The bail 609 (FIG. 3) is connected by means of a slotted hole 621 to a pin 622 of a lever 623 fixed on a shaft 624, to which there is also fixed a lever 626 adapted to co-operate with a lug 627 of the lever 422. A suppressor or lever 629 pivoted on the shaft 624 is kept turned clockwise by a spring 628, with a lug 631 arrested against a shoulder 632 of the lever 626. The lug 631 is moreover adapted to arrest a shoulder 633 of the pull rod 402 in the striking cycle, in order to prevent movement of the carriage 130.
Two ribbon-raising forks 638, which hold a correcting ribbon 658, are fast with each other through the medium of a spindle 242. Under the action of a spring 639, one of the two forks 638 is normally kept arrested by a pin 637 against a cam end 636 of the bail 609. This fork 638 moreover has a second pin 641 adapted to co-operate with a correcting-ribbon raising cam 642 fixed on the shaft 336, and a lug 643 adapted to co-operate with a shoulder 644 of a pawl 646.
The pawl 646 is constituted by a bail movable radially and axially on a spindle 647 mounted on a lug 648 of a fixed plate 649. A spring 651 normally keeps the pawl 646 turned clockwise, arrested with a shoulder 652 against the plate 649. The pawl 646 has a wedge-shaped end 653 (FIG. 6) normally engaged with a saw-tooth ratchet wheel 654 fast with a sleeve 656 driving a take-up spool 657 for the correcting ribbon 658. This ribbon 658 is wound on a feed spool 659 rotatable on the plate 649 (FIG. 3) and is guided by two guides 662 (FIG. 6) of the forks 638 and rewound on the take-up spool 657.
More particularly, each guide 662 comprises an end 663 for guiding the correcting ribbon 658 substantially parallel to the platen 12, two lugs 664 (FIG. 4), an upper and a lower lug, respectively, and an L-shaped element 666 for keeping the correcting ribbon 658 tensioned in a vertical plane.
To prevent the correcting ribbon 658 touching the typing ribbon 337 during the raising movement, as described hereinafter, a control element 667 is provided which is constituted by a rigid wire fixed to a lug 668 (FIG. 7) of the frame of the machine. The element 667 has a portion 669 below the printing point for holding the correcting ribbon 658, in the proximity of the printing point, in an inclined position as shown in FIG. 3 and spaced from the platen 12 in the inoperative position. Finally, the element 667 has a portion 670 disposed to one side of the printing point substantially parallel to the platen 12 for holding the correcting ribbon 658 very close to the platen 12 and parallel thereto during a working position, as shown in dashes in FIG. 7, without impeding the striking of the head 339.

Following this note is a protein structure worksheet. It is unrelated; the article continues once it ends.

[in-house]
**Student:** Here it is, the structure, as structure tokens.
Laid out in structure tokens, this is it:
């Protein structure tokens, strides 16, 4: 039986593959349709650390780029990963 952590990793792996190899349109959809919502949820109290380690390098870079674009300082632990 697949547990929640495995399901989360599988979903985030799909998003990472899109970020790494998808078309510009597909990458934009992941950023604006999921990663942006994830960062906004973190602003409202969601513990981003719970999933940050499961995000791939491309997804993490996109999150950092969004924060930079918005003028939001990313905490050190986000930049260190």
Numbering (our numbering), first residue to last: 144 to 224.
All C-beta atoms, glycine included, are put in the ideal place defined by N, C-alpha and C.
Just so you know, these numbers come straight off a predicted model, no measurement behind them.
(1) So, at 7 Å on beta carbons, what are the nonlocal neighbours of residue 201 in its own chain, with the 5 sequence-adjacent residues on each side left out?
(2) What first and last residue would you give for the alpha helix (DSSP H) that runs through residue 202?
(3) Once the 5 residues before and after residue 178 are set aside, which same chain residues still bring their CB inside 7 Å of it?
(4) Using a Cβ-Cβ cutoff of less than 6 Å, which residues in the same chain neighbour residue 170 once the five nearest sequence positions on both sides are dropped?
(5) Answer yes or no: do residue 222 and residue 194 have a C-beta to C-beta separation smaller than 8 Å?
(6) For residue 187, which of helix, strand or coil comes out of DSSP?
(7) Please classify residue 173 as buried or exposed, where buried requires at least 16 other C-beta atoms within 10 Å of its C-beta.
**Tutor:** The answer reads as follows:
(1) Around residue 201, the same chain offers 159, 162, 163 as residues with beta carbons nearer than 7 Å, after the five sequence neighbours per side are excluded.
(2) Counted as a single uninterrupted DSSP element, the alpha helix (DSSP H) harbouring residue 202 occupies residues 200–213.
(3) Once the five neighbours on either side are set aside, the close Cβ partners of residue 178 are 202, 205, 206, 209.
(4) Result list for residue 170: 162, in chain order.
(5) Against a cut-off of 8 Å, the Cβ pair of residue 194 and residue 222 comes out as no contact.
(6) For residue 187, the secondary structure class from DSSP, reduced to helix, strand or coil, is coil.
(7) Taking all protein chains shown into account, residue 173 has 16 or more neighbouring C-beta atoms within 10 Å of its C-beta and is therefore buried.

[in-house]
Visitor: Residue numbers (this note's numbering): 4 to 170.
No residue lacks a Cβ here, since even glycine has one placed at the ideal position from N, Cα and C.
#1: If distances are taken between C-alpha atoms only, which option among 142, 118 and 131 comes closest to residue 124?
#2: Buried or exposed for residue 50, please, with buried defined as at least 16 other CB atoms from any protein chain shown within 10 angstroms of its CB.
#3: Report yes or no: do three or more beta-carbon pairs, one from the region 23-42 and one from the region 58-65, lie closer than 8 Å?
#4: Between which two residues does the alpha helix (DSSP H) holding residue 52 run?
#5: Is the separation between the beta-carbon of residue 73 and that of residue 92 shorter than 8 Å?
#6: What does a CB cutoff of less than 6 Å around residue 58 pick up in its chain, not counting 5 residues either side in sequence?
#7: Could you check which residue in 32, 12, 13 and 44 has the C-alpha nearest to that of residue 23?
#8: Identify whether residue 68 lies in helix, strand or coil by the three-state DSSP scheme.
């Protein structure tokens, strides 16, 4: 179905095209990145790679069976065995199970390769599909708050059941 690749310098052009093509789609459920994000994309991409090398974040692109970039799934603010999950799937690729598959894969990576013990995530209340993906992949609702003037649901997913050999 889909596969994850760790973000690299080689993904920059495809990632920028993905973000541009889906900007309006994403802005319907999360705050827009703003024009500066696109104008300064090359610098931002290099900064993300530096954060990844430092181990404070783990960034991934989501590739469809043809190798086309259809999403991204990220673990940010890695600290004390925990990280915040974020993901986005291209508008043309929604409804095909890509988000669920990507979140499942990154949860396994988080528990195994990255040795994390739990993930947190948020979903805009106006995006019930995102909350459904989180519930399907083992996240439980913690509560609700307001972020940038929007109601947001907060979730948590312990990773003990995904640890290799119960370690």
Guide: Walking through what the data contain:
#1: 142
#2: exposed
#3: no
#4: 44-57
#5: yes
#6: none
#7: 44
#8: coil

The paper holder 348 is fixed to the frame of the machine and has a substantially circular seat or window 672 (FIG. 7) in correspondence with the striking point. The holder 348 has an inner surface (FIG. 4) substantially parallel to the platen 12 and, in the upper part of the seat 672, is provided with a slightly projecting "eyelid" 675 (FIG. 7) inclined towards the inner surface of the said holder 348, "eyelid" 675 occupying a little less than one half of the seat 672 and having its ends radiused. This "eyelid" 675 facilitates the introduction of sheets of paper 578 over the platen 12, preventing the possibility of the corners becoming crumpled and spoiling the sheets.
A series of grooves 673 of hollow circular section are formed in the outer surface of the paper holder 348, at the edges of the seat 672, substantially parallel to the platen 12 and are adapted to collect and/or carry away the dirt which is produced by the use of the correcting ribbon 658. In this way, this dirt is prevented from interfering with correct oscillation of the ribbon 658 itself.
When it is desired to correct the last character typed, the correcting key 16 (FIG. 3) is depressed. The hook 593 then releases the slider 592, which is pulled back by the spring 594 and turns the lever 444 by means of the projection 602 and starts the clutch 451. The lug 604 releases the lug 606 and the spring 611 causes the hook 607 to turn anticlockwise and arranges it in the path of the lug 619.
The service cam 618 (FIG. 4) now causes the cam-following lever 614 to turn clockwise in opposition to the action of the spring 696 and carries with it the bail 609. A lug 613 moreover engages a shoulder 612 (FIG. 3) of the slider 592, causing the latter to slide forward into the inoperative position, coupled with the hook 593 again.
By means of the slotted hole 621 and the pin 622, the bail 609 (FIG. 3) causes the lever 623, the shaft 624, and the lever 626 and the lever 629 to turn anticlockwise in opposition to the action of the spring 628, disposing the lug 631 in the path of the shoulder 633 of the pull rod 402, as shown in FIG. 4. Moreover, by means of the cam end 636, the bail 609 causes the correcting-ribbon raising forks 638 to turn anticlockwise, positioning the pin 637 in a saddle of the cam 636. The pin 641 therefore rises together with the forks 638 and the correcting ribbon 658, which is prearranged in turn in an intermediate position, guided by the control element 667, as shown in FIG. 4.
The cam 452 (FIG. 1) for return by one step controls, via the lever 454, the shaft 456 and the lever 458, the return of the rack 132 by one step, positioning the printing point in correspondence with the character to be erased. At the same time, the lever 367 causes the bail 358 to turn anti-clockwise and releases the lever 351, setting the pointer 346 at the printing point.
Before the re-opening or disengagement of the clutch 451, the cam-following lever 614 (FIG. 4) has removed the lug 619 from the hook 607, but the bail 609 remains in the working position, as shown in FIG. 4. The action of the spring 639 on the bail 609 through the medium of the forks 638, the pin 637 and the saddle of the cam portion 636 prevails, in fact, over the action exerted by the spring 628 on the same bail 609 through the agency of the lever 629. Therefore, even with the clutch 451 disengaged, the correcting ribbon 658 remains prearranged in the position intermediate between the low inoperative position and the high operative position, as shown in FIG. 4.